Monday, April 10, 2017

Grow, Raise, Catch

Grow, Raise, Catchy: How We Get Our Food by Shelley Rotner is a great non-fiction picture book that shows the different kinds of farmers and the food they grow or raise. It has real photographs of citrus farmers, fruit farmers, wheat farmers, rice farmers, potato farmers, corn farmers, beef farmers, and more. The bright and bold photos show children and adults with their various crops. It would be the perfect addition to any lesson on health & nutrition. 

Wednesday, March 9, 2016

I Have Two Homes

I Have Two Homes by Marian De Smet, 2008

This picture book is about a young girl named Nina whose parents are divorced. She explains the way things were before her parents divorced and after. 

"Everything is different now. Everyone is acting strangely...When I am with Dad, I want to be with Mom. I miss my hamster and the climbing tree. When I am with Mom, I want to be with Dad. I miss Cat and my friend from next door."

At the end, she says that even though her parents aren't happy with one another, they are still happy with her and that will never change. 

Tuesday, March 8, 2016

Living with Mom and Living with Dad

Living with Mom and Living with Dad by Melanie Walsh

This is a lift-the-flap book good for elementary age children.

"My mom and dad don't live together anymore. So sometimes I live here, with my mom and my cat in our house with the pink door...

and sometimes I live with my dad in our apartment at the top of the building!"

This little girl explains how things are different at each home and in each of her bedrooms and how she goes different places with each parent but when she had a school play, both parents came.

Monday, March 7, 2016

The Sea of Sleep

The Sea of Sleep by Warren Hanson illustrated by Jim LaMarche, 2010

"The Sea of Sleep is calm tonight. Calm and still. Her quiet ripples tiptoe on the shore. Kissing quickly, Then run away again, Slipping swiftly back across the sand, Carrying away the footprints of the day."

This book will carry you away into dreamland with it's language and illustrations of a seal mama and her pup. I love the feminine portrayal of the moon in the illustrations as well as the rainbow of dolphins. 

"It is the moon. And all the stars. And the darkness, As it wraps us in its loving arms And holds us safe and warm."

Sunday, March 6, 2016

Plant a Pocket of Prairie

Plant a Pocket of Prairie by Phyllis Root, 2014

This richly illustrated picture book explains how to recreate a prairie or prairie-like environment to draw-in birds, insects, amphibians, and other creatures. Prairies once covered around 40 percent of the U.S., but due to farming, industrialization, etc., prairies are now endangered.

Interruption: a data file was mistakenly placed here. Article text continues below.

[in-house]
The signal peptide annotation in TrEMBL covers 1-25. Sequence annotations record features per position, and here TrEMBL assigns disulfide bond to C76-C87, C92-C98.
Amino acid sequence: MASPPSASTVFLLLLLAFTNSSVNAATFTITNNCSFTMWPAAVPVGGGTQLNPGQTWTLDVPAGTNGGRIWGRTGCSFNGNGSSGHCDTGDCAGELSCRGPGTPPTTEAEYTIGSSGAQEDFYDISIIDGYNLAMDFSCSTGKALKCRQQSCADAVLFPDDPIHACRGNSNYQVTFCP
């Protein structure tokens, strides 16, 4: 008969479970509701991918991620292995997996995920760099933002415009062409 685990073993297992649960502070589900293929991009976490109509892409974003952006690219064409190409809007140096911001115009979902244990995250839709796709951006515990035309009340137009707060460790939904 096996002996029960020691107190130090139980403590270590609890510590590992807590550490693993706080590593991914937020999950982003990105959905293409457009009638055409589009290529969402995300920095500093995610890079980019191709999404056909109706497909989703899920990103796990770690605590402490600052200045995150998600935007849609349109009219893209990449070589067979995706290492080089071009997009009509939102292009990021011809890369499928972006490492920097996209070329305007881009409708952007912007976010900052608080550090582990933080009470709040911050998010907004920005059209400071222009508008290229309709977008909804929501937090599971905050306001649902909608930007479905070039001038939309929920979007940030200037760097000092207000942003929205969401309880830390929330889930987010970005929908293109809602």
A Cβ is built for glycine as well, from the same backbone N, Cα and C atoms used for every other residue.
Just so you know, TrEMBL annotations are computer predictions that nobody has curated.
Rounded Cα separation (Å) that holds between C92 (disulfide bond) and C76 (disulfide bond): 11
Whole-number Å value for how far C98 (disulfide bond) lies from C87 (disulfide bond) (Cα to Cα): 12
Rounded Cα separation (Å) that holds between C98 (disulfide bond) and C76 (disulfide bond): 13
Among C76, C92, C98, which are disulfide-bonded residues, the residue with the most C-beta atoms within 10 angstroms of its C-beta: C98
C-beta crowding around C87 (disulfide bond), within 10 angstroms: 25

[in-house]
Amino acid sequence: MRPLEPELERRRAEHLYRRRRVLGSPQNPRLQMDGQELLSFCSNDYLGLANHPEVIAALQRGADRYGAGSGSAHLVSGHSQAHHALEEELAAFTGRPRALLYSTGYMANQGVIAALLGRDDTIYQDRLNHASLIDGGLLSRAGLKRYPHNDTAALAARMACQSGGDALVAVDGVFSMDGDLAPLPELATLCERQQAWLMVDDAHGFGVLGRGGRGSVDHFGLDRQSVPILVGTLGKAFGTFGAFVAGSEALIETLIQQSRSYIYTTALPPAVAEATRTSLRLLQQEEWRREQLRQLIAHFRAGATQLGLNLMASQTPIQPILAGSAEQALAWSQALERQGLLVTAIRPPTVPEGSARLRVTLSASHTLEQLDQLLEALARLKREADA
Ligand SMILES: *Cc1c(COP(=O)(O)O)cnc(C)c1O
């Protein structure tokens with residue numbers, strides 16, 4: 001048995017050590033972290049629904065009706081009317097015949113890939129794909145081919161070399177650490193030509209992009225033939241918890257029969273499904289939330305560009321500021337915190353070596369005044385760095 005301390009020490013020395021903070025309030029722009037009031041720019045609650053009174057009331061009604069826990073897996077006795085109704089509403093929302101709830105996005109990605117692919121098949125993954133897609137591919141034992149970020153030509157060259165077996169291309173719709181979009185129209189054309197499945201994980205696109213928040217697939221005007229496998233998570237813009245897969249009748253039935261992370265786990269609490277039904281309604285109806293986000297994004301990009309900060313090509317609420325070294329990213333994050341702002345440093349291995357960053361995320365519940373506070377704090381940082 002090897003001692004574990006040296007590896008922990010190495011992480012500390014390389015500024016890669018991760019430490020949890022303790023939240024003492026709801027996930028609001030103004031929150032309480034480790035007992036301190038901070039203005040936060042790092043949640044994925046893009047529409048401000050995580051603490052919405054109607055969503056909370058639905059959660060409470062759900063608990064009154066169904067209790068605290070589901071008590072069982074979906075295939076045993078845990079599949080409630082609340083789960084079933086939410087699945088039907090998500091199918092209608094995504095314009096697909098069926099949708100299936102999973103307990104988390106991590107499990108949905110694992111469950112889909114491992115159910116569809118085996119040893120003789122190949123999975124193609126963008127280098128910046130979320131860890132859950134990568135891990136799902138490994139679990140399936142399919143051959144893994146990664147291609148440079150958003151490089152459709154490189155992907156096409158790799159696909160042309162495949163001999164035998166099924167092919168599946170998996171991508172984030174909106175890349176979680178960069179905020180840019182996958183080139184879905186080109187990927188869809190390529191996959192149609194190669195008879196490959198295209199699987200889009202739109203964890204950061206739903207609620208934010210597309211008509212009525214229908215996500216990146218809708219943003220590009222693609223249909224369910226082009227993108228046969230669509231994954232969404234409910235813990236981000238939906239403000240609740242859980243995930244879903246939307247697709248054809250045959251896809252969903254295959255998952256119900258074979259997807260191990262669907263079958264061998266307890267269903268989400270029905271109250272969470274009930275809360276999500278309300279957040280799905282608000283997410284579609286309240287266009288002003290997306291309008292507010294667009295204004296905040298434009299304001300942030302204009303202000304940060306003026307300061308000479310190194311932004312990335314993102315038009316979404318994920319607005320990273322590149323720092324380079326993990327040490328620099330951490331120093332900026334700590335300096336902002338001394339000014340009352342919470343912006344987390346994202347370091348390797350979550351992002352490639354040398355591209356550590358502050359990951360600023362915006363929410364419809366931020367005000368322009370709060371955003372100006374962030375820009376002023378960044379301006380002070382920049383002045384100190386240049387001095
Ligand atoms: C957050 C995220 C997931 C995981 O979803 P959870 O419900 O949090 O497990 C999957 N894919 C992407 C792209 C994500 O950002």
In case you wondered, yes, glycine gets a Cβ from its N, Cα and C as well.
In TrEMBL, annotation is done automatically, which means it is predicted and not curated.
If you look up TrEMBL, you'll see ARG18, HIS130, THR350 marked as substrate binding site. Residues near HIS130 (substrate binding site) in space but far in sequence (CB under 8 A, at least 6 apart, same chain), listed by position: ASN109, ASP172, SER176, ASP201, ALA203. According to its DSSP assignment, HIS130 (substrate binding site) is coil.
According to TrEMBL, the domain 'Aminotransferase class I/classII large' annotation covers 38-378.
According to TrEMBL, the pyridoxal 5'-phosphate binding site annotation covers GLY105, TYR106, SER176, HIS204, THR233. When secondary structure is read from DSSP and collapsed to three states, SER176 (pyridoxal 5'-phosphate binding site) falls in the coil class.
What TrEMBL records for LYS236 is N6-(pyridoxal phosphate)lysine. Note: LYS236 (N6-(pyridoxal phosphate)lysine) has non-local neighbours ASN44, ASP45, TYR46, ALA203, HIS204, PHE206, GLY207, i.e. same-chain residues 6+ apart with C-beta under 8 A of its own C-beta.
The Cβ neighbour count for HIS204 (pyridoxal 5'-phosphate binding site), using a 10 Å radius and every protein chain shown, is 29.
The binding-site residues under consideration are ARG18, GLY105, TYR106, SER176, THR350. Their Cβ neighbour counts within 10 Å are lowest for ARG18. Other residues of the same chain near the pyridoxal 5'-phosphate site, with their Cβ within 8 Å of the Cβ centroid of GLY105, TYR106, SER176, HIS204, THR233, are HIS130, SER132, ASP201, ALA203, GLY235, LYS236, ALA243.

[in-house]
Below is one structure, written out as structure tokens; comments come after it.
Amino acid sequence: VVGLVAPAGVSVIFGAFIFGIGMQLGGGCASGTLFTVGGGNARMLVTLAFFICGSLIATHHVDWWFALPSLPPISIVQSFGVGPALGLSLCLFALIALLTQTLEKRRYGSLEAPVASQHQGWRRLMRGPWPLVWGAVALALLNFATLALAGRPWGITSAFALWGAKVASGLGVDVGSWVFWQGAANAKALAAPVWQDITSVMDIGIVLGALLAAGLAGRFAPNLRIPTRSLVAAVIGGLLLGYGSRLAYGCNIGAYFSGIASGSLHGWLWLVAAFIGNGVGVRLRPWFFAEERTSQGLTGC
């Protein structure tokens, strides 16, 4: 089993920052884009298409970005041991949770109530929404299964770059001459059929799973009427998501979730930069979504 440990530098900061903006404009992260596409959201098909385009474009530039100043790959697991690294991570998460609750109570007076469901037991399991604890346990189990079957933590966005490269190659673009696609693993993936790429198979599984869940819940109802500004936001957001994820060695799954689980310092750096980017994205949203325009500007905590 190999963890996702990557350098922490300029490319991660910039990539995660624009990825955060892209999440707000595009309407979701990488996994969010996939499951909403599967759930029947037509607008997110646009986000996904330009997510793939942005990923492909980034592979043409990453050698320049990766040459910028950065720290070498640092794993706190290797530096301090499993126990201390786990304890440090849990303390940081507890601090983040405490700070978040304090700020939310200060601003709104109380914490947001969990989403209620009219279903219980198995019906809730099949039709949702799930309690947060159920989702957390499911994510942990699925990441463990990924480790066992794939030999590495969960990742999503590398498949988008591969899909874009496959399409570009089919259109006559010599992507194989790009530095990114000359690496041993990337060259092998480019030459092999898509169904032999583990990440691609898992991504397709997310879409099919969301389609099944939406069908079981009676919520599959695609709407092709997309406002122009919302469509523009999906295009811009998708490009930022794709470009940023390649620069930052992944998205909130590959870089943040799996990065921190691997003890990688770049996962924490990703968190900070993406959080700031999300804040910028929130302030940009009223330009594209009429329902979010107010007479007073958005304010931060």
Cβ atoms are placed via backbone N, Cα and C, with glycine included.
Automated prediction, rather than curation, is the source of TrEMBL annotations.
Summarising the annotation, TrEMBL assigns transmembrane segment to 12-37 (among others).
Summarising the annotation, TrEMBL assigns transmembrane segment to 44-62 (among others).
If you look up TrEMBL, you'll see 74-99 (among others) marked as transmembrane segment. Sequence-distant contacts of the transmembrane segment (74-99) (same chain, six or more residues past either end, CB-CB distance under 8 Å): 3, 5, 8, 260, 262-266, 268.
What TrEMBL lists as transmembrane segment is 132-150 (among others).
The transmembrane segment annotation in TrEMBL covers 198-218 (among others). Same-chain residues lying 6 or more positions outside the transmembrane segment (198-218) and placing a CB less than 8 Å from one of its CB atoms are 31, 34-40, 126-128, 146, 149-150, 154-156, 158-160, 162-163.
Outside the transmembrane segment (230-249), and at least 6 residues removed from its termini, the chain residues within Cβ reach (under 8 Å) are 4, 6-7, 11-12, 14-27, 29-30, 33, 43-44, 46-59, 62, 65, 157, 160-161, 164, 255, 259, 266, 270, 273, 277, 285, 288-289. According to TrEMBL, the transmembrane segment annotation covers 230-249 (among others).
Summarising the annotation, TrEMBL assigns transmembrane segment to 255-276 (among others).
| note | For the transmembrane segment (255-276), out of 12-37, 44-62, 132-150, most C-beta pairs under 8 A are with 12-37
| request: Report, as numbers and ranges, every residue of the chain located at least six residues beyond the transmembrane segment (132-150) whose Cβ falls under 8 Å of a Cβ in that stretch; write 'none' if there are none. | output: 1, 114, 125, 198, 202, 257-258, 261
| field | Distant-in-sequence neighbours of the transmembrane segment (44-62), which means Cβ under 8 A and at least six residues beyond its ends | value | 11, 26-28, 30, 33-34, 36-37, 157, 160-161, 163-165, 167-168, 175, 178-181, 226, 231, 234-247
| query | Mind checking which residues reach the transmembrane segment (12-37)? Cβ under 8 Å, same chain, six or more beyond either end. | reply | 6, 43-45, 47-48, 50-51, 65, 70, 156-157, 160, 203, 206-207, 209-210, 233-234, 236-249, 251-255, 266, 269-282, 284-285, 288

"Plant butterfly weed. Monarch butterflies might lay their eggs on the undersides of leaves. And when those monarch eggs hatch and the larvae turn into hungry butterflies...

Plant rough blazing star. Great spangled fritillaries might show up, too."

At the end of the book, it lists the different types of prairie animals, plants, birds, insects, flowers and grasses so the reader can have a better understanding of what to look for and what to plant. 

This picture book would make a great unit study for science curriculum or a great spring and summertime project. 

I Hear a Pickle

I Hear a Pickle (and Smell, See, Touch, and Taste It, Too!) by Rachel Isadora, 2016

This wonderful book about the 5 senses takes the reader through each sense with adorable illustrations and examples such as:

I Hear: "I hear the seagull. Caw caw!" and "I hear the traffic. Honk! Beep! Honk!"

I Smell: "I smell my big brother's smelly sneakers!" and "I don't smell. I have a cold. Aachoo!"

I See: "I see the airplane up so high" and "I don't see the flower grow!" 

I Touch: "I don't touch the cactus. Prickly!" and "I touch the lollipop. Sticky!"

I Taste: "I taste a jelly sandwich. I'm allergic to peanuts." and "I can't wait to taste the cake...after dinner!"

And to put it all together, at the end it says:

I taste the pickle.It's sour.I smell the pickle.It's spicy.I see the pickle.It's green.I touch the pickle. It's slippery.I hear the pickle...CRUNCH!
I highly recommend this book for preschoolers and early elementary age children.

Saturday, March 5, 2016

The Hundred Dresses

The Hundred Dresses by Eleanor Estes was a 1945 Newbery Honor Award book.

This is a story about a poor, young, Polish-American girl named Wanda. She gets teased by her classmates who think she's lying about having one hundred beautiful dresses at home because she only wears one blue dress to school.

Each day they like to play this "game" where they ask her about her 100 dresses. They tease her, and yet Wanda doesn't defend herself.

Wanda enters an art contest and submits 100 drawings of 100 dresses. When the classmates figure out she wasn't in fact lying, they just didn't understand her dresses were drawings, Wanda and her family had moved out of town. They moved away because of all of the teasing. Now her classmates want to make things right, but it's too late. Wanda eventually writes a letter to the teacher asking her to give some of the drawings to some of her classmates. Wanda actually drew her classmates in the drawings, and when her classmates found out, they treasure their drawings and the lessons they learned about teasing. 

I highly recommend this to young children.